White Evangelicals, Islam and American Values

White Evangelicals, Islam and American Values January 26, 2013

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According to the Public Religion Research Institute’s survey, “What it Means to be American: Attitudes towards Increasing Diversity in America Ten Years after 9/11,” “Nearly 6-in-10 white evangelical Protestants believe the values of Islam are at odds with American values, but majorities of Catholics, non-Christian religiously unaffiliated Americans, and religiously unaffiliated Americans disagree.”

If the percentage is accurate, what does this say about American Evangelicalism? That white Evangelicals’ skin color often shapes their perception of Islam? Could it be that white Evangelicals are biased against Arabs and that this prejudice shapes their view of Islam, even though there are, I believe, more Asian Muslims than Arab Muslims? Could it be that white Evangelicals often have nostalgic and/or narrow views of what it means to be American—’white and Christian like me’?

Some white Evangelicals might think they are simply more spiritually and culturally discerning than other Christian groups and the broader populace, and that they understand better what Christian values, American values, and the values of Islam really are (the last set of values being viewed as out of step with the former two). But do Christian values and American values really line up well together? It seems as if many white Evangelicals think they do. Still, could it be that what has gone on for so long is really a subsuming of Christian values under those of America? If so, perhaps the conversation with Islam will cause the church to perceive well where their real fight can be found–not with Islam, but with the spiritual forces of evil in the heavenly realms (Ephesians 6:12) that often distort the church’s vision and cause it to align itself with this power or principality rather than the person of Christ and his kingdom reality.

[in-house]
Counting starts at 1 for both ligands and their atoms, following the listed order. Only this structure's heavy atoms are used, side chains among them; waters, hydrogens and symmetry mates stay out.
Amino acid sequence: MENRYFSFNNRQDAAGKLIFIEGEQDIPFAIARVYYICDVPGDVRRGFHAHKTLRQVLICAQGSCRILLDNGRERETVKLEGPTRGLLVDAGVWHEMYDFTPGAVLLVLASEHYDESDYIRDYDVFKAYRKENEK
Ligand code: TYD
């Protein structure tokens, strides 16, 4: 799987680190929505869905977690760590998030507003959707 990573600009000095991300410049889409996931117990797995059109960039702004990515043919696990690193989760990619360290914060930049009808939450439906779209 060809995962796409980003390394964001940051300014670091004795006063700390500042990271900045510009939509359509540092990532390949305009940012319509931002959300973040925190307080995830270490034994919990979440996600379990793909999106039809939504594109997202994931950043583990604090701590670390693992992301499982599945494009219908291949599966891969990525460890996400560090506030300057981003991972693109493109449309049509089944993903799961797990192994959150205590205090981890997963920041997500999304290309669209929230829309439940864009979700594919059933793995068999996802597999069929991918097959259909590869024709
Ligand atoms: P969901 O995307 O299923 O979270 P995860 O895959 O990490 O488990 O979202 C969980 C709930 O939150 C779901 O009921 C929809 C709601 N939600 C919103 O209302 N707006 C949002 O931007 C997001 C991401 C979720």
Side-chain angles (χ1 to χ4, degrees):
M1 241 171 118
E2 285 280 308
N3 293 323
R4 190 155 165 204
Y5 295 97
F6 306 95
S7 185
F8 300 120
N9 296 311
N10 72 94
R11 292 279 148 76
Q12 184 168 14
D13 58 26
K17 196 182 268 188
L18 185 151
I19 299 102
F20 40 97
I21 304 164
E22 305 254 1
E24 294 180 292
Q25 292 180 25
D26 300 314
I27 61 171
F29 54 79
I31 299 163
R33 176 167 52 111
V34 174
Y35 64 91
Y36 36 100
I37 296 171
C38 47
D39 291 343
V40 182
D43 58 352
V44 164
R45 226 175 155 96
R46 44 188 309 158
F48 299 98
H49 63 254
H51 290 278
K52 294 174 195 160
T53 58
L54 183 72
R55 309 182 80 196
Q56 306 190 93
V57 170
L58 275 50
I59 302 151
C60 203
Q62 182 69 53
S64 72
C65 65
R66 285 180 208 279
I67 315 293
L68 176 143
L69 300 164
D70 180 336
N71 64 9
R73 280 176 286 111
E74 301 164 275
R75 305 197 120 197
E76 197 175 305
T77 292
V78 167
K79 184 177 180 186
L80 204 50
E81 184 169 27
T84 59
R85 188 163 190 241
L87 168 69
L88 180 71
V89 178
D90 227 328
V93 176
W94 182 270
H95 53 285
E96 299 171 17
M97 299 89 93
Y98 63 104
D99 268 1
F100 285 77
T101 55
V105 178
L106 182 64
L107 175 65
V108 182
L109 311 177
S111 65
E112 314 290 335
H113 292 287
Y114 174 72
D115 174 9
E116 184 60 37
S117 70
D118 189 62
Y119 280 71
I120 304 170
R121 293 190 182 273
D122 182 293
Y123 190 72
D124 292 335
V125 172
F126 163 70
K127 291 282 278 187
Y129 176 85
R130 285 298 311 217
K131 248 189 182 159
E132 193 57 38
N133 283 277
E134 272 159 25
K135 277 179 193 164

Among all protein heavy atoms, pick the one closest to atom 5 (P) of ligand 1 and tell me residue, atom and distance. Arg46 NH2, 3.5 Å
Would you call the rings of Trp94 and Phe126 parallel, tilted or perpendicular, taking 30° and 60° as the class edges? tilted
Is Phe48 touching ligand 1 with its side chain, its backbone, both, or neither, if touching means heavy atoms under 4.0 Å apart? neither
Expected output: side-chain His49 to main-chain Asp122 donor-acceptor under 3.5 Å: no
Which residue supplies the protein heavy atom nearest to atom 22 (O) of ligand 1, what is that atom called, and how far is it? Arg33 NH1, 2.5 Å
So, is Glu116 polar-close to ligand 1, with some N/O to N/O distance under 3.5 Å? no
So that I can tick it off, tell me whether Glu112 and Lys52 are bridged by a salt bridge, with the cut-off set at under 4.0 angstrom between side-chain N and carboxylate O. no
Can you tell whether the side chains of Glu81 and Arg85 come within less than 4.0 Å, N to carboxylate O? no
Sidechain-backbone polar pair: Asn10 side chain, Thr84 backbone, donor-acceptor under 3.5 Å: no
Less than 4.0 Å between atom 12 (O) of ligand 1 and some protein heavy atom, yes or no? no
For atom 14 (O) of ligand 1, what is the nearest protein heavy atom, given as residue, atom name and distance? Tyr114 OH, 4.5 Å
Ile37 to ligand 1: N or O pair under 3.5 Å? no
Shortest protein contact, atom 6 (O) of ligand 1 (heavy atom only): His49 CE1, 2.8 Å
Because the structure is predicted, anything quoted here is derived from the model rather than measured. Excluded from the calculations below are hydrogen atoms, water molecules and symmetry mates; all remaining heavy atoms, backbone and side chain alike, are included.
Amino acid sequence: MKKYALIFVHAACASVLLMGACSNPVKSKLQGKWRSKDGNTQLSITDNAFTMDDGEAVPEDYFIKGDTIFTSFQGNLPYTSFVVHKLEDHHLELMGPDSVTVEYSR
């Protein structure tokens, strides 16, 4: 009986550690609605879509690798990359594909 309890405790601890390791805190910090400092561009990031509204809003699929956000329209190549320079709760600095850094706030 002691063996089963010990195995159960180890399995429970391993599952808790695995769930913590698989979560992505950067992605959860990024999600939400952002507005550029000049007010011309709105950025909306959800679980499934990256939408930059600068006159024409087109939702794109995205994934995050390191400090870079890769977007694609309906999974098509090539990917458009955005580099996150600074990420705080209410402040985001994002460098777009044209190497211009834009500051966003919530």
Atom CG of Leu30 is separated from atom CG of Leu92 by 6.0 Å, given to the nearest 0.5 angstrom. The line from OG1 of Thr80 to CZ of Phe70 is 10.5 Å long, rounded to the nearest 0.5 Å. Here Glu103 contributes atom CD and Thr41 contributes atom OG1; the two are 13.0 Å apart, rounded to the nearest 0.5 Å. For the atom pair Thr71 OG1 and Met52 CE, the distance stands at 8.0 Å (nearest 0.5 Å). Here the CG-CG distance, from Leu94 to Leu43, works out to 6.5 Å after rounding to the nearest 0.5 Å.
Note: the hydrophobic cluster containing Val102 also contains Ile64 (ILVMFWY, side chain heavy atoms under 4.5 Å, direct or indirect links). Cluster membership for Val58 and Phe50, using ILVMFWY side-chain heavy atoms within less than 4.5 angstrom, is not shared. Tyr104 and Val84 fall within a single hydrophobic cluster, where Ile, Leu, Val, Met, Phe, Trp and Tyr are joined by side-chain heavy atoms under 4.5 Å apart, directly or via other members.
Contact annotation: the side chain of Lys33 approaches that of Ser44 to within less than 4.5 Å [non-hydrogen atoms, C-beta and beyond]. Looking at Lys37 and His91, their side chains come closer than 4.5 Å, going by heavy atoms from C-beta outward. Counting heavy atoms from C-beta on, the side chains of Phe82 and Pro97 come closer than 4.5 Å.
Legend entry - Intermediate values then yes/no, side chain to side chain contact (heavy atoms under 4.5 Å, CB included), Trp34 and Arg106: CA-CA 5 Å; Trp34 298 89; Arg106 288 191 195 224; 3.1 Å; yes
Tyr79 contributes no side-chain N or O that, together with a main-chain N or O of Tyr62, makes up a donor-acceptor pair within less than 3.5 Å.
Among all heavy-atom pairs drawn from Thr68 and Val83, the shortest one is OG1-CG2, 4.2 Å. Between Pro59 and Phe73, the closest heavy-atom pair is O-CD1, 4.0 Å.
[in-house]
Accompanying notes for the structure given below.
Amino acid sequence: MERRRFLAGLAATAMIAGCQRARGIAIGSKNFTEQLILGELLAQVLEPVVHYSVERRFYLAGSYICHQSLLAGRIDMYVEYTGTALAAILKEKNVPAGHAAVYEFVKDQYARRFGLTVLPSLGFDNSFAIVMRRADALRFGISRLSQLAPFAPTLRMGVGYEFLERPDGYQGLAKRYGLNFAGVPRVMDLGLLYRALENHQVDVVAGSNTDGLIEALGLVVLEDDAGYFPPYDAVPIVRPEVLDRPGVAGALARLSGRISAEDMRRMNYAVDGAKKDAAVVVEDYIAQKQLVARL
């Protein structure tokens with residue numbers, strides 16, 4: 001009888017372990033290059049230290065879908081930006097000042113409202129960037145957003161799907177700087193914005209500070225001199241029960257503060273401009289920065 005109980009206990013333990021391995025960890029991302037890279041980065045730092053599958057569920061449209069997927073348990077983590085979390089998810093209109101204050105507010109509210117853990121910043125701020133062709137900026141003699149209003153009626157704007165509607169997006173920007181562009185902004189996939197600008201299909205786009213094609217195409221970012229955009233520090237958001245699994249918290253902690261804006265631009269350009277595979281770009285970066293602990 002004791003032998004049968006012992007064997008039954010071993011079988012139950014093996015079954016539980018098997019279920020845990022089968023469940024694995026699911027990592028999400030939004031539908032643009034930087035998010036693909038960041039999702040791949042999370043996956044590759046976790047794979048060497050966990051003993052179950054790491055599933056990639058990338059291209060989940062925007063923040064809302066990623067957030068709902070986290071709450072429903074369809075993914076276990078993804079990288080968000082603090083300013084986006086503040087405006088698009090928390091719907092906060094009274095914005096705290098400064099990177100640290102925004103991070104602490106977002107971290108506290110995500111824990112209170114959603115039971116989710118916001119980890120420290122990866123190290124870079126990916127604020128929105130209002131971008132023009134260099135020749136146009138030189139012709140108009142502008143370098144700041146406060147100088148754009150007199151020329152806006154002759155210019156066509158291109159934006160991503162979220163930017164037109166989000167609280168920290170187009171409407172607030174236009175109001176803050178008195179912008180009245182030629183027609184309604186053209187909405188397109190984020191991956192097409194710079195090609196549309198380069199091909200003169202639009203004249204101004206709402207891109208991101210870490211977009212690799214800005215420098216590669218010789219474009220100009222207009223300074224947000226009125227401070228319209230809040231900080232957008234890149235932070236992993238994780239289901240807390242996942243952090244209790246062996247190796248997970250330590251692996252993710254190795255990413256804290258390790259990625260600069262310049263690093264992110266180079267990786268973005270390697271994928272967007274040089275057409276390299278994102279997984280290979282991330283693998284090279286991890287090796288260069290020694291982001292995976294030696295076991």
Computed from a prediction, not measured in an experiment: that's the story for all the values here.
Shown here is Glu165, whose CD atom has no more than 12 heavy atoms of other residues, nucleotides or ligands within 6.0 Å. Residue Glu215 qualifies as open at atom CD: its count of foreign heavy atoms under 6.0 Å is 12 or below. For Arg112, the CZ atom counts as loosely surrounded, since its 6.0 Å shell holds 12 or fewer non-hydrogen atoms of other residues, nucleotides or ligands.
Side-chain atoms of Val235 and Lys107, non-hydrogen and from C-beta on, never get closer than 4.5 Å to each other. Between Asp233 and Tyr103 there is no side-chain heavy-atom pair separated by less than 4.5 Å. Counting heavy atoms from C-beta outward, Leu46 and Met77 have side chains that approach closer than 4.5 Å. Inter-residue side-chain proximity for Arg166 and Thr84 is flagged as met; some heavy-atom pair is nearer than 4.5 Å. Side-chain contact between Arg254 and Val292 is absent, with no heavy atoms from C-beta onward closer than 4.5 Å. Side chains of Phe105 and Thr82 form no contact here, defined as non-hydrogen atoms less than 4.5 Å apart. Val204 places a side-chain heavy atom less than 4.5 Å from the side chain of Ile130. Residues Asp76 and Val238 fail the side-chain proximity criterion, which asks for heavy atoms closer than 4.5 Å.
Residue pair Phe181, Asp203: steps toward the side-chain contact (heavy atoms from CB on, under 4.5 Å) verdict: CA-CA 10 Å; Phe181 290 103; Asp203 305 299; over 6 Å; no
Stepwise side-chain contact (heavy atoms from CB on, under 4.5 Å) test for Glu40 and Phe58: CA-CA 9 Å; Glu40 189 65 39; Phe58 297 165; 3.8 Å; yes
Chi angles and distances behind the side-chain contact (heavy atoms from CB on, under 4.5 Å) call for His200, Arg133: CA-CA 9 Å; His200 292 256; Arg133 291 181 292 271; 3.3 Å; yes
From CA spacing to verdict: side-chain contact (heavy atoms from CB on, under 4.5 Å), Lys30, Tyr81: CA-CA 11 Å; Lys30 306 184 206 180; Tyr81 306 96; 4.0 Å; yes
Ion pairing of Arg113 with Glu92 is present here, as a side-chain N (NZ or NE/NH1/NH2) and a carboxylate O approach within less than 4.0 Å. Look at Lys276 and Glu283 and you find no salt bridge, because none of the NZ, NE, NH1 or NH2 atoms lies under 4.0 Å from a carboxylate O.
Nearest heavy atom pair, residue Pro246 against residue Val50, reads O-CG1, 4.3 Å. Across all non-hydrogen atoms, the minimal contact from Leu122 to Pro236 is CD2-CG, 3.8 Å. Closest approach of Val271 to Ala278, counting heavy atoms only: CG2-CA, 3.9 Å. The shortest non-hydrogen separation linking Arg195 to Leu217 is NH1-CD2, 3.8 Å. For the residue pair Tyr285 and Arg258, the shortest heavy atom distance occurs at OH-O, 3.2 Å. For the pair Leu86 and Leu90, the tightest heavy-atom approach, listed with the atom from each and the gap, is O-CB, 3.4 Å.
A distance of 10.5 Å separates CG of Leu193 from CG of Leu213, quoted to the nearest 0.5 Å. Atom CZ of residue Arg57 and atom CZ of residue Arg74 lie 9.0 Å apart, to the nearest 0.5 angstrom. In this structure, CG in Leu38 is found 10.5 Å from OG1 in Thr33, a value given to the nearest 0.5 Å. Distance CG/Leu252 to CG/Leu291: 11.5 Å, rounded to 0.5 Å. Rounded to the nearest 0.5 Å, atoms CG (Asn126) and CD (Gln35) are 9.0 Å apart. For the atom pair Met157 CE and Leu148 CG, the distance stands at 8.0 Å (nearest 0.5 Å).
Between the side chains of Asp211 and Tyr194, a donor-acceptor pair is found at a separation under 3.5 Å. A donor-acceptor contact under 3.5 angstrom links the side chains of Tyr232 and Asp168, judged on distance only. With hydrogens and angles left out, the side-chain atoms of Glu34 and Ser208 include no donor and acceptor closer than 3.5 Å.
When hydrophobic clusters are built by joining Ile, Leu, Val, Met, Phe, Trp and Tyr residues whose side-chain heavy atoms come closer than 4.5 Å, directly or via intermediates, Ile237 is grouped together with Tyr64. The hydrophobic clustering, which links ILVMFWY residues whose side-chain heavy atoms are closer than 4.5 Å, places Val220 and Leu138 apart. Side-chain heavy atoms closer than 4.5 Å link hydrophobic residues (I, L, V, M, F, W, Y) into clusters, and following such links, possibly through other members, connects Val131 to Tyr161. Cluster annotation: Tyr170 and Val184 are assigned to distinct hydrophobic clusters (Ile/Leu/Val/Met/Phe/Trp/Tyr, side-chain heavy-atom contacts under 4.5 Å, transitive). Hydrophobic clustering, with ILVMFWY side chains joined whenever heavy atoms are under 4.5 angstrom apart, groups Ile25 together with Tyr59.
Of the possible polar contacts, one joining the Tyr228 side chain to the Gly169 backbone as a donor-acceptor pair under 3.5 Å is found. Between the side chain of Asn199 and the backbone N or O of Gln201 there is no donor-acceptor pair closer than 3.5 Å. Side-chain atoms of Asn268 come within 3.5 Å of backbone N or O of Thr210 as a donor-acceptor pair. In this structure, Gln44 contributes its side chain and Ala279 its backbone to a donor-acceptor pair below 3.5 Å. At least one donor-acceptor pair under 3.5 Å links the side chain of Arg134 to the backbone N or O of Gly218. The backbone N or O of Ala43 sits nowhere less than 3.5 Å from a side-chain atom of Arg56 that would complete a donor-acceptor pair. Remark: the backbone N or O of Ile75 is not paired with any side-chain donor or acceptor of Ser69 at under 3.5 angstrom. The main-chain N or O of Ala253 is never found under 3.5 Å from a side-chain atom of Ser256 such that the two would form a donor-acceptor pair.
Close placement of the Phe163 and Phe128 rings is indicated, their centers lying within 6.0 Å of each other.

These questions reflect my own consternation with what I find to be a certain kind of cultural hegemony within American Evangelicalism. My hope is that Evangelicalism in this country will become increasingly diverse and expand its vision, missional values, and public witness to the kingdom of God in Christ in view of the Bible even while developing greater openness to various people groups and religious traditions in American society today.

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